In 2011, Tanya Clement and Dave Lester convened an NEH-supported conversation titled Off the Tracks, which led to the eventual publication of the Collaborators’ Bill of Rights. Prompted by this year’s presidential theme–Textual Transactions–this guaranteed panel supported by the Association for Computer in the Humanities (ACH) will address questions of “transaction” as a combination of form and function. What models of collaboration have evolved across DH projects over time? How have advisors and students negotiated their roles in digital humanities research projects? What are the rights and responsibilities of mentoring, supervising, directing, or staffing a digital humanities research project? What are the boundaries of these transactions? How can digital humanities transactions challenge our ideas of collaboration?

Read the full CFP here.

CFP: Keystone DH 2018

Tue, 03/20/2018 - 14:00

From the CFP:

We are excited to announce that this year’s Keystone DH will be held at Penn State University in State College. Now in its fourth year, Keystone DH is an annual conference and a network of institutions and practitioners committed to advancing collaborative scholarship in digital humanities research and pedagogy across the Mid-Atlantic. Recognizing how DH scholarship in practice necessarily bridges conventional academic distinctions, we invite contributions from across the field, including faculty researchers, unaffiliated scholars, librarians, technologists, artists and critical-makers. Deadline Extended to March 29!

Read full call  here.

Job: Head of Preservation and Digitization, Washington University

Tue, 03/20/2018 - 13:30

From the ad:

Under the direction of the Associate University Librarian for Special Collections Services Division, is responsible for the development and operation of a library-wide, comprehensive preservation and digitization program. Leads and manages all preservation/conservation and digitization efforts, including the management of general and special collection care and digitization activities, preservation/digitization lab and services, disaster planning and recovery, environmental monitoring, exhibition preparation activities, and education and outreach efforts.

Read more here.

Job: Digital Humanities Postdoctoral Associate, Virginia Tech

Tue, 03/20/2018 - 13:00

From the ad:

The postdoc will advance the partnership in the Digital Humanities between the College of Liberal Arts and Human Sciences, University Libraries, and faculty and students across Virginia Tech. The postdoc is expected to assume a high visibility position advancing the digital humanities at the intersection of research, outreach, and instruction appropriate to a land grant university. The postdoc will have workspace assigned in the Athenaeum, the new Digital Humanities collaboration space in Newman Library. The postdoc will also have an affiliation with the proposed Center for Humanities to be located in the new Liberal Arts Building, as well as appropriate humanities department(s), including English, History, Modern and Classical Languages and Literatures, Philosophy, Religion and Culture, and Science, Technology, and Society. The postdoc will report to the Associate Dean for Research in the College of Liberal Arts and Human Sciences, while working closely with the Digital Humanities Librarian and the faculty advisory group for the Athenaeum.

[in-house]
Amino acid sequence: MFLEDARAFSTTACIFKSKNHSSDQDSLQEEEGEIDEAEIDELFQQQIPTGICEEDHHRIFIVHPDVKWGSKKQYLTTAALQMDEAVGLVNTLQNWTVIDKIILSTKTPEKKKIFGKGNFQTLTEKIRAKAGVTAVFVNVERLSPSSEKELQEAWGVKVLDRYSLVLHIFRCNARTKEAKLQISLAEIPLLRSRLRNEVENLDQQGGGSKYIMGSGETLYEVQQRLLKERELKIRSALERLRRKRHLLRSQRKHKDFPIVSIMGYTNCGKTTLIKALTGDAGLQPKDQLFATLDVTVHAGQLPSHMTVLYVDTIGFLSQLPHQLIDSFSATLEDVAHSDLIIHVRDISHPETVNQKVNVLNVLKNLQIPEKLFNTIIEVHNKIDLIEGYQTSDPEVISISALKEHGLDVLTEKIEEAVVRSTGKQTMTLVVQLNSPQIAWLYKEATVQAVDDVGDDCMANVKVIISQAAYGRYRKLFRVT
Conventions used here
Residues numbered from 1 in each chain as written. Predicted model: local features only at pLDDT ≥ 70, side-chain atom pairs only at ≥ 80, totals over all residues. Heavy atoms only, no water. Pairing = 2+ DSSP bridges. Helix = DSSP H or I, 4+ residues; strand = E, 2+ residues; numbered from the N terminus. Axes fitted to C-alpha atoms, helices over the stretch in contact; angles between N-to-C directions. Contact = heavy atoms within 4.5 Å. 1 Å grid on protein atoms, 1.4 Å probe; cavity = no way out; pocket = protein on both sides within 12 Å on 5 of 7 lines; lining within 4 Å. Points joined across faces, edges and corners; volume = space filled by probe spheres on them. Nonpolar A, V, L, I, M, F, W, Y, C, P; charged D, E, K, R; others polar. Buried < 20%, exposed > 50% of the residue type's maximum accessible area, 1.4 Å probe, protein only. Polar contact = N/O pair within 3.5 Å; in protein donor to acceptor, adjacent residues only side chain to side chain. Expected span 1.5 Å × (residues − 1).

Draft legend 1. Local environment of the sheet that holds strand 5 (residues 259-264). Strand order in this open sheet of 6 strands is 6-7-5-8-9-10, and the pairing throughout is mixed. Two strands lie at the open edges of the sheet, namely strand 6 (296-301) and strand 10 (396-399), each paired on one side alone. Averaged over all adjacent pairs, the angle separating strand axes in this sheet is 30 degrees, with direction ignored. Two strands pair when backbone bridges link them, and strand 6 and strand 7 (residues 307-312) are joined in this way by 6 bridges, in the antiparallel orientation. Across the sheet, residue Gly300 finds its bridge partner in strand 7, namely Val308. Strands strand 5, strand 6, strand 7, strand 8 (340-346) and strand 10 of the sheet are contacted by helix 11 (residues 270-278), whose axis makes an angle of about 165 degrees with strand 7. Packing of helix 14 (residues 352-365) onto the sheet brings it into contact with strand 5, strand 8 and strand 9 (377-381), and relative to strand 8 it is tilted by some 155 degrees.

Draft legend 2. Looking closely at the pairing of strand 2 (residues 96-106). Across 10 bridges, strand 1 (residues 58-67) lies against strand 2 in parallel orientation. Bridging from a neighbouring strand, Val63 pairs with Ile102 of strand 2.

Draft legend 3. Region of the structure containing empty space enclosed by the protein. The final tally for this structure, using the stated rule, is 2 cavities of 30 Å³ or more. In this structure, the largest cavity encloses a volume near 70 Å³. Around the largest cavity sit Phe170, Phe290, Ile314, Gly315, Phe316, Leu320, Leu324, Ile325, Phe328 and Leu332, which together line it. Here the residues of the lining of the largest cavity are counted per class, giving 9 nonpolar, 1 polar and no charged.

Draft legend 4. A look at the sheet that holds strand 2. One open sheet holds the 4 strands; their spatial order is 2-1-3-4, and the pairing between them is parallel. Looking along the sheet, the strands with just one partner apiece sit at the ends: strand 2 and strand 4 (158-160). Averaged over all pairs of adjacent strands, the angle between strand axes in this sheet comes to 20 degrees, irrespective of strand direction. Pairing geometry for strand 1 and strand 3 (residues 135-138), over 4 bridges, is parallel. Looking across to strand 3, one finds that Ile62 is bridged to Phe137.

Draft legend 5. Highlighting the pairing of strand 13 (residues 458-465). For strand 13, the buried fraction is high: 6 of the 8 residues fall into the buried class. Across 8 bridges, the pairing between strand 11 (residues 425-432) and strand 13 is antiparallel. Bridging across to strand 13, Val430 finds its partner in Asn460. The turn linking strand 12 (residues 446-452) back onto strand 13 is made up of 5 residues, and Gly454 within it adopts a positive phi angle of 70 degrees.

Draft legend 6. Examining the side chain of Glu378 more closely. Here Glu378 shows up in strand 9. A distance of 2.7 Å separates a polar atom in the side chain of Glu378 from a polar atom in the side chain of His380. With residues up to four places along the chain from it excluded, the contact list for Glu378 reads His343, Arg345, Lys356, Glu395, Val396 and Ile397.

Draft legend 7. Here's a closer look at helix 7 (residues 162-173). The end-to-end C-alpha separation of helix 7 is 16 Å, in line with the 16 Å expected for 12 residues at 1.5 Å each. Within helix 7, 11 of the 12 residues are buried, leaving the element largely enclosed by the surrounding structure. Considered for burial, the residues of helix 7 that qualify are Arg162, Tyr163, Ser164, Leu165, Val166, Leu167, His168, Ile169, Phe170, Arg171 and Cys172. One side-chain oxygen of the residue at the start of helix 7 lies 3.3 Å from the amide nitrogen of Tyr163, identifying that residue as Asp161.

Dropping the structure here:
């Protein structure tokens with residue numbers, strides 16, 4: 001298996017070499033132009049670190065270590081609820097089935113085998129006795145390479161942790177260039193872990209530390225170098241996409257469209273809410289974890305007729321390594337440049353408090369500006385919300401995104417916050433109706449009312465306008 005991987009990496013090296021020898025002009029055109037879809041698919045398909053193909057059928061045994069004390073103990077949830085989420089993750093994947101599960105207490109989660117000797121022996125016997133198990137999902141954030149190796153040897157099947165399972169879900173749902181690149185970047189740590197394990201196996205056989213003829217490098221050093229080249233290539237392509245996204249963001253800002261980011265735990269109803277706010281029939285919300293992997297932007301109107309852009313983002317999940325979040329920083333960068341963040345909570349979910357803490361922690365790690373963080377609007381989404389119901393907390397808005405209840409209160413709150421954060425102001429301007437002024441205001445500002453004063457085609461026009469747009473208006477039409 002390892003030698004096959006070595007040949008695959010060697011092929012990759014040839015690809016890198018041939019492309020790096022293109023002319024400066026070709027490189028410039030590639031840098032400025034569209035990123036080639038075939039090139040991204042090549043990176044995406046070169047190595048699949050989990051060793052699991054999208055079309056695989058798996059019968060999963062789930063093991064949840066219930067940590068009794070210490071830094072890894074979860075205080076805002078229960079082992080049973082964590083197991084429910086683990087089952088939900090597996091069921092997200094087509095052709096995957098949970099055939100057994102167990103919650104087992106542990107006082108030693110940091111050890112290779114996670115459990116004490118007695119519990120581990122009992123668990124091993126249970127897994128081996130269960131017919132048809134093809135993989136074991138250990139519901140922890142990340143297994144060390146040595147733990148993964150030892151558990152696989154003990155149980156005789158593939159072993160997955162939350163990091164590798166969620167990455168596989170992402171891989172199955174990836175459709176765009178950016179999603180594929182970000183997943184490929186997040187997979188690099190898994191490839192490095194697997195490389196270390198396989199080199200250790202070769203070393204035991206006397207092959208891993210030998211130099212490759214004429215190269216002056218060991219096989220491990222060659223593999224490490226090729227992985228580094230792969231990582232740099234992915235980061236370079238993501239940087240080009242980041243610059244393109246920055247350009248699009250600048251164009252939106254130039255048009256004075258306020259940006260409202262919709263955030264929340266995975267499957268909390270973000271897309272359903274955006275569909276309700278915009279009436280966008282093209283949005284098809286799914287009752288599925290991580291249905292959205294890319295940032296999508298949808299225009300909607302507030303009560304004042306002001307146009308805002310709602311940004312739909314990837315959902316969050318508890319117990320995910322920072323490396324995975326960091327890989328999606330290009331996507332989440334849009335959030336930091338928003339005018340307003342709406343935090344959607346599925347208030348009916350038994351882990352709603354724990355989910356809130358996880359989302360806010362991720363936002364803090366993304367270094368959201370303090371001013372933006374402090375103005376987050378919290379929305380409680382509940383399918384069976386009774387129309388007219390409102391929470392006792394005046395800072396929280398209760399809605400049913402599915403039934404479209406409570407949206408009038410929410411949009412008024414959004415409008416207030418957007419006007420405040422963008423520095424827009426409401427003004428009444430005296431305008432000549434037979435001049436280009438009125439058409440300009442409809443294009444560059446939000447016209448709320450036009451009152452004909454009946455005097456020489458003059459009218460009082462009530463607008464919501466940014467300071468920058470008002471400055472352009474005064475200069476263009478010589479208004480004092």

Read the full ad here.

CFP: “The Digital and Democracy” – Digital Scholarship Colloquium 2018

Tue, 03/20/2018 - 12:30

From the CFP:

Join us for a rousing discussion of democracy and the digital at the fourth Digital Scholarship Colloquium hosted by Case Western Reserve University in Cleveland, OH. We are now accepting proposals for papers, posters, panels, and/or demonstrations from scholars, students, librarians/archivists, technologists, non-profit researchers, and community organizers that interrogate the ways that digital tools work to either uphold or upend democracy, and how research might be used to advocate for positive impact within communities experiencing disruption and inequality. The colloquium is an opportunity to connect people to the scholarly work and digital tools that directly or indirectly affects their lives and civil liberties.

Read the full CFP here.

Resource: How to Scrape Reddit with Python

Tue, 03/20/2018 - 12:00

From the resource:

Last month, Storybench editor Aleszu Bajak and I decided to explore user data on nootropics, the brain-boosting pills that have become popular for their productivity-enhancing properties. Many of the substances are also banned by at the Olympics, which is why we were able to pitch and publish the piece at Smithsonian magazine during the 2018 Winter Olympics. For the story and visualization, we decided to scrape Reddit to better understand the chatter surrounding drugs like modafinil, noopept and piracetam.

In this Python tutorial, I will walk you through how to access Reddit API to download data for your own project.

Read more here.

Report: HathiTrust Research Center User Requirements Study White Paper

Tue, 03/20/2018 - 11:30

About the report: